7. PS4 will push 1.85 terraflops, while Durango will push 1.2 terraflops.

    Wii U is about 300 gigaflops.

    Though of course flops isn’t exactly the best way to measure a console’s capabilities.

  8. @Julian Faster memory can make the difference in such games. The problem is that it is hard to see the difference if the speed of the memory is not huge. My guess would be that the clock speed for both consoles will be similar.

    It seems like Sony and Microsoft are focused on having consoles that will merely survive the rest of the 1080p generation, with their successors coming when 4k gaming takes off. When the PS3 and 360 were released, they had the specs that outdid most, if not all, home gaming PCs. However both consoles screwed up because they did not have the necessary RAM for most games to render at 1080p.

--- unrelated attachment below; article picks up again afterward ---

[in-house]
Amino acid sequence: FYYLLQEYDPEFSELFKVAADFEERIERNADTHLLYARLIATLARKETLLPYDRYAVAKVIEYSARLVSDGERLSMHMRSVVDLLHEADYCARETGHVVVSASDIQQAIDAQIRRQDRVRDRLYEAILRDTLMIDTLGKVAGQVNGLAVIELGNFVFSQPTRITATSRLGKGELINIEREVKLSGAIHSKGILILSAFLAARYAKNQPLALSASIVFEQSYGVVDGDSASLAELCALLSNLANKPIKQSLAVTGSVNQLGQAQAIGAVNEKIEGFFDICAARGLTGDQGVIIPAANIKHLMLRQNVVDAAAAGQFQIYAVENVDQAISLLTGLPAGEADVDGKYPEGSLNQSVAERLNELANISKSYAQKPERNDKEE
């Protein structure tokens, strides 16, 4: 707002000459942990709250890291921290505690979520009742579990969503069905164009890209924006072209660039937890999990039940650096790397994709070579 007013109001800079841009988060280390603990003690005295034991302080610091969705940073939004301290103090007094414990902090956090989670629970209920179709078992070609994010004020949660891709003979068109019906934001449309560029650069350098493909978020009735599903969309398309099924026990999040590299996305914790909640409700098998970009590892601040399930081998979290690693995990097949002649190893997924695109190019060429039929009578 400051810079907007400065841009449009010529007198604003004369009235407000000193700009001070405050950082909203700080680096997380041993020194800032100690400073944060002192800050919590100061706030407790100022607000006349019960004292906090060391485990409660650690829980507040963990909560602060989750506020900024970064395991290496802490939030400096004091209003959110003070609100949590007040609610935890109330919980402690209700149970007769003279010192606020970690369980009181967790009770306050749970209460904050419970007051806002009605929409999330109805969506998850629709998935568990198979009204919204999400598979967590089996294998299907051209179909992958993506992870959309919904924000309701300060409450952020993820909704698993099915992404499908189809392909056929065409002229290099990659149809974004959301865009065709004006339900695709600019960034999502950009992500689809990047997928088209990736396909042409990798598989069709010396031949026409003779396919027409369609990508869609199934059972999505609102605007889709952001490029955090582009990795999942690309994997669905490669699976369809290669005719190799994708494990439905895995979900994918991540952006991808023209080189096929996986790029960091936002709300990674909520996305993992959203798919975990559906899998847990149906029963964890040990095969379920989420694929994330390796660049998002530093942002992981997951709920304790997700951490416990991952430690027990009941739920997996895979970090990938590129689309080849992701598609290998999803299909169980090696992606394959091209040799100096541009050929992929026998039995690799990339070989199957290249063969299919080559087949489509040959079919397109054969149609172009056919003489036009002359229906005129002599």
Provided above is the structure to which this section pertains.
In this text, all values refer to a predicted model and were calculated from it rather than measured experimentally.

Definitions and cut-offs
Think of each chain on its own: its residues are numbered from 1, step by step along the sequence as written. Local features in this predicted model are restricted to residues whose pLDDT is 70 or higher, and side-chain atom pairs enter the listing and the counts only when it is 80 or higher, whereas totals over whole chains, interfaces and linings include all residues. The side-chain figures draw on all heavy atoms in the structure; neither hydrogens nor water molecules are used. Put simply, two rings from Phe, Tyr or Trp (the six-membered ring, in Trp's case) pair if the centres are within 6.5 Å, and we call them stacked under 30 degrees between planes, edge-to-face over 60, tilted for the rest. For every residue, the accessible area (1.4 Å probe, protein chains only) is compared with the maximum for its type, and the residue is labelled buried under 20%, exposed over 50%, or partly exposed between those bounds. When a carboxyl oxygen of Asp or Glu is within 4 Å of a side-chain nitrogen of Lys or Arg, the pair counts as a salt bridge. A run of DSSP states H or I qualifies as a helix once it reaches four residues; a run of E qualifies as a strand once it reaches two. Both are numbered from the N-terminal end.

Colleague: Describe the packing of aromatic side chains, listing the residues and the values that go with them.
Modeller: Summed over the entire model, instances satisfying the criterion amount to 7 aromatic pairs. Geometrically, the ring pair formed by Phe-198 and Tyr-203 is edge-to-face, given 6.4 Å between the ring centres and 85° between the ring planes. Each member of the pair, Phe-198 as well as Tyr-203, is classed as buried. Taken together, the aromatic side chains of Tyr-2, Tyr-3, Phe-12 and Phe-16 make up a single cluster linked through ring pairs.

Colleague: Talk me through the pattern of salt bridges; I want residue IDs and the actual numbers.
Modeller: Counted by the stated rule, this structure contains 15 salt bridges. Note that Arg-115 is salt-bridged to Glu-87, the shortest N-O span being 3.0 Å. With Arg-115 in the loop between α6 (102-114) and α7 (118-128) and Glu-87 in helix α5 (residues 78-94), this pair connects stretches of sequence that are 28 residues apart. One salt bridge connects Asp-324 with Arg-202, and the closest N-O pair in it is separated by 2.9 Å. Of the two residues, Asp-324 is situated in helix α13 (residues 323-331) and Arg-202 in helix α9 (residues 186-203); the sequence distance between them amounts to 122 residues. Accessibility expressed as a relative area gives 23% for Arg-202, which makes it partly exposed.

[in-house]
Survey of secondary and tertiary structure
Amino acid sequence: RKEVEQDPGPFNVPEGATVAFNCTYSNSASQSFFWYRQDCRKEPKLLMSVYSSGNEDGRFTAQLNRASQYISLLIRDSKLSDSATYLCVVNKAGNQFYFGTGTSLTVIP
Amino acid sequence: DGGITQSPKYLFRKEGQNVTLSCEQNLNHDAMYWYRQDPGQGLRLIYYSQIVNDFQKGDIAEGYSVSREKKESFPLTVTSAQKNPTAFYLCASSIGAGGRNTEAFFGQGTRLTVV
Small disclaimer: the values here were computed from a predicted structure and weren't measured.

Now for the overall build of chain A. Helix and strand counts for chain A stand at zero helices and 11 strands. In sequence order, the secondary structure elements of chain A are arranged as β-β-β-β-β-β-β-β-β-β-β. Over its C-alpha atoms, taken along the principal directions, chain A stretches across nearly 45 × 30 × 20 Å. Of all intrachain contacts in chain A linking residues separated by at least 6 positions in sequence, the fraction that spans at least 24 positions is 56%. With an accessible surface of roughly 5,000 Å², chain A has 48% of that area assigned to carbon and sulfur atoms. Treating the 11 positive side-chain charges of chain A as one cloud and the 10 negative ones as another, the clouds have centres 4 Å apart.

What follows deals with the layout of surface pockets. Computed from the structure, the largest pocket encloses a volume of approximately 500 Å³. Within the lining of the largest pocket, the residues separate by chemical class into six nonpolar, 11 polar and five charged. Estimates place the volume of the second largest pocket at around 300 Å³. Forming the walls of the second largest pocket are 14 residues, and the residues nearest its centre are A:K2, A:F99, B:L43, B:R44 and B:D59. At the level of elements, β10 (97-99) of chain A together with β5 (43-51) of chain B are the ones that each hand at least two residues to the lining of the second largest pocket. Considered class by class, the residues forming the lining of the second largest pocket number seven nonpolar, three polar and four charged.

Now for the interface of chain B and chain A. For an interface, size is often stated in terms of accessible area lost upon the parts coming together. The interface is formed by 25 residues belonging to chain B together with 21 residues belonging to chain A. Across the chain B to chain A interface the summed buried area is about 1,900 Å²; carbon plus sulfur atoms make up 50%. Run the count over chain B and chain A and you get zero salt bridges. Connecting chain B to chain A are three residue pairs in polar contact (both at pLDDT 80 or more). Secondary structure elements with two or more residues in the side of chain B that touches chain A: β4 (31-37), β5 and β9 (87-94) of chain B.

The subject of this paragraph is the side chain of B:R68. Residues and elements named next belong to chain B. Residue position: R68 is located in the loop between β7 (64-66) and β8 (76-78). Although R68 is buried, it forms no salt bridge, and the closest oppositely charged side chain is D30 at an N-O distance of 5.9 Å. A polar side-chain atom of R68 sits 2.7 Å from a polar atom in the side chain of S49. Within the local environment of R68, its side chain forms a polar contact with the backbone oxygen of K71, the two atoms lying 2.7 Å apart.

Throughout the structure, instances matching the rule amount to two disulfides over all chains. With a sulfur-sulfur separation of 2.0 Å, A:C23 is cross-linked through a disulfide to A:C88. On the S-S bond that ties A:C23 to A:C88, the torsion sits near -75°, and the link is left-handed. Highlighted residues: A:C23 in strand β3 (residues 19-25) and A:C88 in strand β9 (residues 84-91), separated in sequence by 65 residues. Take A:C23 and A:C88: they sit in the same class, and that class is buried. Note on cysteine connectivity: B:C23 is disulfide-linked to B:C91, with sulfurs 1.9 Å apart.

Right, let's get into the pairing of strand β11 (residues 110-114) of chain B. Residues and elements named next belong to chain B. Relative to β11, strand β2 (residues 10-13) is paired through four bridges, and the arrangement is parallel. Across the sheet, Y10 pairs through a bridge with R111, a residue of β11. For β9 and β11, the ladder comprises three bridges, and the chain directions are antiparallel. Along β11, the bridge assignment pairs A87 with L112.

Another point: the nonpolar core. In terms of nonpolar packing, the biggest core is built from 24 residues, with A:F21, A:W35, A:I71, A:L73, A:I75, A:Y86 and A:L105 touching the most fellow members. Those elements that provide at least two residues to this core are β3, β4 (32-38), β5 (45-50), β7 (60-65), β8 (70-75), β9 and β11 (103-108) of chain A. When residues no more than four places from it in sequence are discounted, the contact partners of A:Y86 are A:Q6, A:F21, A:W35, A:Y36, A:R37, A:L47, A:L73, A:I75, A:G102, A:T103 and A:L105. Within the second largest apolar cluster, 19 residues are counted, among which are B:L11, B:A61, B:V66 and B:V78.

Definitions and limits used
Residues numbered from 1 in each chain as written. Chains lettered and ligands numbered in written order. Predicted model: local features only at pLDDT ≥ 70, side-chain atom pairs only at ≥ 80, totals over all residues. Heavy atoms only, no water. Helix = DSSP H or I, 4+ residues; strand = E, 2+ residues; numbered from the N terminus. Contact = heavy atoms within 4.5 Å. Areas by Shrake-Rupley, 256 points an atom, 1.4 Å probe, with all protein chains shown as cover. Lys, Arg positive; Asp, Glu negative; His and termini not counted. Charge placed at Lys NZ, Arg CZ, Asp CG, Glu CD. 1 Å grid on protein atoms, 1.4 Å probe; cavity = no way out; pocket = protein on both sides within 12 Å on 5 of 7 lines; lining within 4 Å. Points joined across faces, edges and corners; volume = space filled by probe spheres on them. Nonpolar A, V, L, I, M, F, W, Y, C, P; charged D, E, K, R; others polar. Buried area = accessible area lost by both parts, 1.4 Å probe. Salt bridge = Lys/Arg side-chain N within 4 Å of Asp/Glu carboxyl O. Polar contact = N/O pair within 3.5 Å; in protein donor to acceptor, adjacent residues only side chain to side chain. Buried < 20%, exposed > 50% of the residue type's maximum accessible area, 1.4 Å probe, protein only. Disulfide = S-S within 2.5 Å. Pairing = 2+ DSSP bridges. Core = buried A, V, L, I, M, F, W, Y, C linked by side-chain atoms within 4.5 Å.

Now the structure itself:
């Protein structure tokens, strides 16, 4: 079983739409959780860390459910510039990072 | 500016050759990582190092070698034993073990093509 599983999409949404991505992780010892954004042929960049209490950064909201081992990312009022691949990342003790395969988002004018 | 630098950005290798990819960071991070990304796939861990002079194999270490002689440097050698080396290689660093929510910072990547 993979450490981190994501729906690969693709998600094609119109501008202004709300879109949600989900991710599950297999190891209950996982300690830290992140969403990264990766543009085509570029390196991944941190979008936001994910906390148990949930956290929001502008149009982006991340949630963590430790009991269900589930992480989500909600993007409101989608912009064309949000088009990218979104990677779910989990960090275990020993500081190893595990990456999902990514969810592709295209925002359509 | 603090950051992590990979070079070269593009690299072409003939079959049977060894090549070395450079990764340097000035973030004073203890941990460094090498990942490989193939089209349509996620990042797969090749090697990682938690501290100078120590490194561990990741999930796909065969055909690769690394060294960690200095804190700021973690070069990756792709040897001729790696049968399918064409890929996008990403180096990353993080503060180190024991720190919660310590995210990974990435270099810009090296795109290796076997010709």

The PS4’s hardware is indeed better, but because of how similar the two consoles are hardware-wise, I suspect that the bulk of dual-platform games will look identical.